New York based hip-hop artist Topaz Jones’ third single Livin’ a Lie showcases a new side of Jones sonically. With production by Episode, this song combines inspiration from indie pop with Jones’ own vivid storytelling. His full length album, The Honeymoon Suite will be dropping at the end of this month.

Topaz Jones—”Coping Mechanism” (Music Video)

NYU’s own Topaz Jones is gearing up to release his album, The Honeymoon Suite, so he’s not bullshitting around. “Coping Mechanism” serves as the first cut from the album, and the visual above is pretty intense. Directed by Jones, Simon Davis, and Jason Sondock, it features him surrounded by a tribe in a fiery spiritual killing ceremony.

I said this before in my last post about Topaz, but I’ll say it again now: He’s made a huge leap as a rapper, not only from when I first heard his music in 2011, but even since his releases last year. He’s found his voice, has pushed his production further, and is rapping with more sophistication and confidence than ever. Watch now before he ends up on your favorite blog, although it may be too late for that.


What Does Kanye’s Yeezus Tour Mean for Kendrick Lamar?


Yeezus is rising again. This morning, Kanye West announced a 23-date fall tour—his first solo tour since the Glow In The Dark tour (Rihanna, Lupe Fiasco, N.E.R.D. and Nas joined him) back in 2008. Since then, he’s cancelled one tour with Lady GaGa, and embarked on another Jay-Z. Kanye West tours when he wants to, not necessarily because he has an album in stores—nothing came out of the releases of 808s & Heartbreak, My Beautiful Dark Twisted Fantasy, or Cruel Summer. Above that, when he does decide that he’s bothered enough to tour off of the strength of new music, he doesn’t bring along sideshow acts who the label throws on his bill. He brings out the best and brightest—legends, or legends-in-the-making in their own right.

Kanye isn’t the only member of the hip-hop ruling class who’s touring this fall. Jay-Z announced his own full North American Magna Carta Holy Grail tour shortly after Kanye did, even after spending the summer in bunk beds with Justin Timberlake. To back Nothing Was The Same, Drake is asking us “Would You Like A Tour?” and going ahead with one despite the hypothetical. But where’s Kendrick Lamar in all of this? The kid who’s released the only instant classic in this young decade? The King of New York. The man with “the verse.” Where’s his new album? His new tour?

He’s getting a new tour, but as Kanye’s opener. For 18 of the 23 Yeezus tour dates, Kendrick will be joining Kanye on the DONDA™ PJ™. Although hip-hop conspiracy theorists can speculate as to why Kendrick is going to be absent from the two New York legs of the tour, Kendrick’s decision to cozy up with Kanye as opposed to continuing his solo touring is momentous. It’s either a cop-out or a statement of intent for something much larger.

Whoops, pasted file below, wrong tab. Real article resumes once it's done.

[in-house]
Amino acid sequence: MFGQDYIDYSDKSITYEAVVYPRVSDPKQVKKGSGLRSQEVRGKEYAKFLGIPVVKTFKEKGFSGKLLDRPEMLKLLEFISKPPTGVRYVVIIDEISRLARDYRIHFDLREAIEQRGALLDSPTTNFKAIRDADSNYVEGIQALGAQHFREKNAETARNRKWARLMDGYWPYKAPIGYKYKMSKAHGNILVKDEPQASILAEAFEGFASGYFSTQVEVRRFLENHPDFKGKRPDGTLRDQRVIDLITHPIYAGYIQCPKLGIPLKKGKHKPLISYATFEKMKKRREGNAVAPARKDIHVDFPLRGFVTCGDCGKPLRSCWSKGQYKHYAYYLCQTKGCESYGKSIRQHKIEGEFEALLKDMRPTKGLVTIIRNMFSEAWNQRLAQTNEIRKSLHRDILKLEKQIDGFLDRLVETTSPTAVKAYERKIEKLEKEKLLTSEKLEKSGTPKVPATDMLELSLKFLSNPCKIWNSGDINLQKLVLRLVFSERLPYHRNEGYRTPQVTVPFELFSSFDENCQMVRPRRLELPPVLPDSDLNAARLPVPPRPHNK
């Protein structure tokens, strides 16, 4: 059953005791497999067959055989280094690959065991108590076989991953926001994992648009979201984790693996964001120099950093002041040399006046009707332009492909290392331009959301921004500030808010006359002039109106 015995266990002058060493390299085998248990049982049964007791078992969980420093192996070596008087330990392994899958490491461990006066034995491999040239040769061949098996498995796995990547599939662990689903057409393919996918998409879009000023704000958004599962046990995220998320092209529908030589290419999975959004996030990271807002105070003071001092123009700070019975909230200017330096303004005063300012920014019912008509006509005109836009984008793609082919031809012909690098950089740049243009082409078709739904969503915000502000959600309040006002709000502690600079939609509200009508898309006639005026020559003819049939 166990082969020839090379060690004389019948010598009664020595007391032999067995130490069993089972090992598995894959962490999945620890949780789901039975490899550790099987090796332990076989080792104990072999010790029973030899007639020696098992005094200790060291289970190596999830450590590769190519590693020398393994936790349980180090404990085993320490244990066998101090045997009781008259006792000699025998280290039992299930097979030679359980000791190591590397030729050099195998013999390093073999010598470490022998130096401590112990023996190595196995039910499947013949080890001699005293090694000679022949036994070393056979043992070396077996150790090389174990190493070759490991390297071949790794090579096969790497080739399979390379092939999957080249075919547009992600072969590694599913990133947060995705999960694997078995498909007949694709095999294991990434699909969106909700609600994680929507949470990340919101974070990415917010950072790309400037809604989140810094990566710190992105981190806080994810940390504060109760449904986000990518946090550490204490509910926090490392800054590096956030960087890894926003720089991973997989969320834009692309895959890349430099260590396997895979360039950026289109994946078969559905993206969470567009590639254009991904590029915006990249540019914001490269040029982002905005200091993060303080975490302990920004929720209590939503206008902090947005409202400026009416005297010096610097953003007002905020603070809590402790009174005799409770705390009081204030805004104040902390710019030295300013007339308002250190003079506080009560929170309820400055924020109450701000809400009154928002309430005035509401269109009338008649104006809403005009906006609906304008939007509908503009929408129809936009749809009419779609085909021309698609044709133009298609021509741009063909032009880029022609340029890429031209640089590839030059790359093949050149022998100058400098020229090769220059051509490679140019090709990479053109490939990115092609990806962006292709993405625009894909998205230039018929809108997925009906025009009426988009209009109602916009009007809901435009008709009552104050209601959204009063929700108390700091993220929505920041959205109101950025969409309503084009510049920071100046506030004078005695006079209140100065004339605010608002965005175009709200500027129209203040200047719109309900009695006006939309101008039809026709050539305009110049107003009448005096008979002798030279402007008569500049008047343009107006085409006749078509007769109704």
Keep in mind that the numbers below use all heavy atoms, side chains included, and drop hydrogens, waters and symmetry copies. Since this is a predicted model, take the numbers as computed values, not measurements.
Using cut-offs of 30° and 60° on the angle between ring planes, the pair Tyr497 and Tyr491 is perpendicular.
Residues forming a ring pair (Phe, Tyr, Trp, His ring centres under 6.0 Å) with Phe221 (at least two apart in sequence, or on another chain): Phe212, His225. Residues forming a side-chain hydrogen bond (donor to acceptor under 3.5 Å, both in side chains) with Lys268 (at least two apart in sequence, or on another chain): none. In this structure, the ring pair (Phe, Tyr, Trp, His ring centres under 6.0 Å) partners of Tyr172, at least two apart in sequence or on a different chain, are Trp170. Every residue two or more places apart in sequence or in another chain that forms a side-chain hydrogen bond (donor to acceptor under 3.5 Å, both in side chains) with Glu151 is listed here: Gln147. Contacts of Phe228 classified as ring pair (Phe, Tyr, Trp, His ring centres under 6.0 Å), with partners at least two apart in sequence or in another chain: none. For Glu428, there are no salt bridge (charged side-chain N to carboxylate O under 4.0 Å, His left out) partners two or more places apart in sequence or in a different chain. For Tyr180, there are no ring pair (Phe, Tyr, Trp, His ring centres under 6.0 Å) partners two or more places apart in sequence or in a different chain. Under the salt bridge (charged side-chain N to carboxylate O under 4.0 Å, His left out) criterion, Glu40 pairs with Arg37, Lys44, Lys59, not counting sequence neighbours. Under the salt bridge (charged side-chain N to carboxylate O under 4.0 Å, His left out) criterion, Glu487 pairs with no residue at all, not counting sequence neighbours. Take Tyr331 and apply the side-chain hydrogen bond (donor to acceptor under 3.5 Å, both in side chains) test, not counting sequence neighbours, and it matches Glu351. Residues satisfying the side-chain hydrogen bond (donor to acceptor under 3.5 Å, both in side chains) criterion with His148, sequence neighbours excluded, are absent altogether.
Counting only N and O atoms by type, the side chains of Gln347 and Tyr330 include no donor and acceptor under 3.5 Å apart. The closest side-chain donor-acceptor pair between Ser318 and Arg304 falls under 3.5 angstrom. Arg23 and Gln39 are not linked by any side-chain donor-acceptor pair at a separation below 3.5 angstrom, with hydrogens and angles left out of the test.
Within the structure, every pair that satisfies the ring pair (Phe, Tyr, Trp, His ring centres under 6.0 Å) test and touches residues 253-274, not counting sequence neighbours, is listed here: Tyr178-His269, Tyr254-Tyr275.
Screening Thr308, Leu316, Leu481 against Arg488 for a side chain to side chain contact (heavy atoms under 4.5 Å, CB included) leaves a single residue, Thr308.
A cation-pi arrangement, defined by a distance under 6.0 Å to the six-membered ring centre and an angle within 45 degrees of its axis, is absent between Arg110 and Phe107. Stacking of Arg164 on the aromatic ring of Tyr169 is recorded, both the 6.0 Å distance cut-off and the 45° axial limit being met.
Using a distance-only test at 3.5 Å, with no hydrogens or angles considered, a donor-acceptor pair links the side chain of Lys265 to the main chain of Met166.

Kendrick is already commanding $70+ for headlining shows, is the unanimous Best Rapper Right Now, and could easily go out on his own, sell out 30 venues this fall, and continue to assert his status as the Leader of the New School while concurrently pushing the likes of Kanye, Jay, Eminem, and Lil Wayne out as elites in the mainstream hip-hop conscious. Those guys are either past their sell-by dates, more concerned with the marketability of their art than their own progression, or weirding out old fans. Hip-hop can’t collectively rally around any of the 2000s’ dominant artists anymore, but they can around Kendrick. For hip-hop heads, he’s the most talented and most accessible rapper out today, and unlike Drake, he doesn’t have any of the proverbial “soft” or “fake” tags.

So why the fuck would Kendrick—a rapper with a divergent fanbase (mostly youths and college kids/what Kanye had in the 2000s) to Kanye’s (anyone who grew up with him and took the plunge down his “Dark Twisted rabbit hole”)—decide to join the Yeezus tour? Wouldn’t it be better to propel his own brand—a message, lifestyle, and aesthetic which is so polar to Kanye’s that I wonder if he listened to “I’m In It” before agreeing to the tour—than to associate himself with Kanye’s monster? Mr. White Tees and Nike Cortez’s on tour with this guy just doesn’t add up.

If anything, it’s a power grab for both parties. Bundled with his appearance at Drake’s OVO Fest, Kanye once again proves that he’s got his finger on the pulse of hip-hop, even if his albums end up being 2-3 years ahead of their time in practice. That he can make whatever music he wants, fuck and settle down with the most infamous yet famous-for-what woman of the Internet age, say what he wants to whomever, and still make it out of the fire as hip-hop’s It guy. For Kendrick, this papal blessing of a tour gives him an even wider legitimacy—one that transcends hip-hop and touches on America’s celebrity culture—and shows that he’s worthy of having his name on the same tour poster as the biggest entertainer of his generation. You can’t reach Kanye’s levels without a co-sign from the man first. Simply put, real recognize real.

Being the best at rap can only take you so far. Kendrick has been digesting and capitalizing on Good Kid, m.A.A.D. City for almost a year now. Perhaps he sees that Drake has fast-tracked himself to claim Kanye’s crown, and doesn’t want to get left behind just because those two guys sing really nicely with auto-tune. We’ve all witnessed what Kanye West has  done with himself with his riches, women, status, and music, and what that’s all amounted to. Kendrick wants to follow the leader, but have his back-turned so he can AK-spray the rest of the game as they follow him. Kendrick didn’t name Kanye on “Control,” but he didn’t have to. Kanye wasn’t his competition then. Now he is.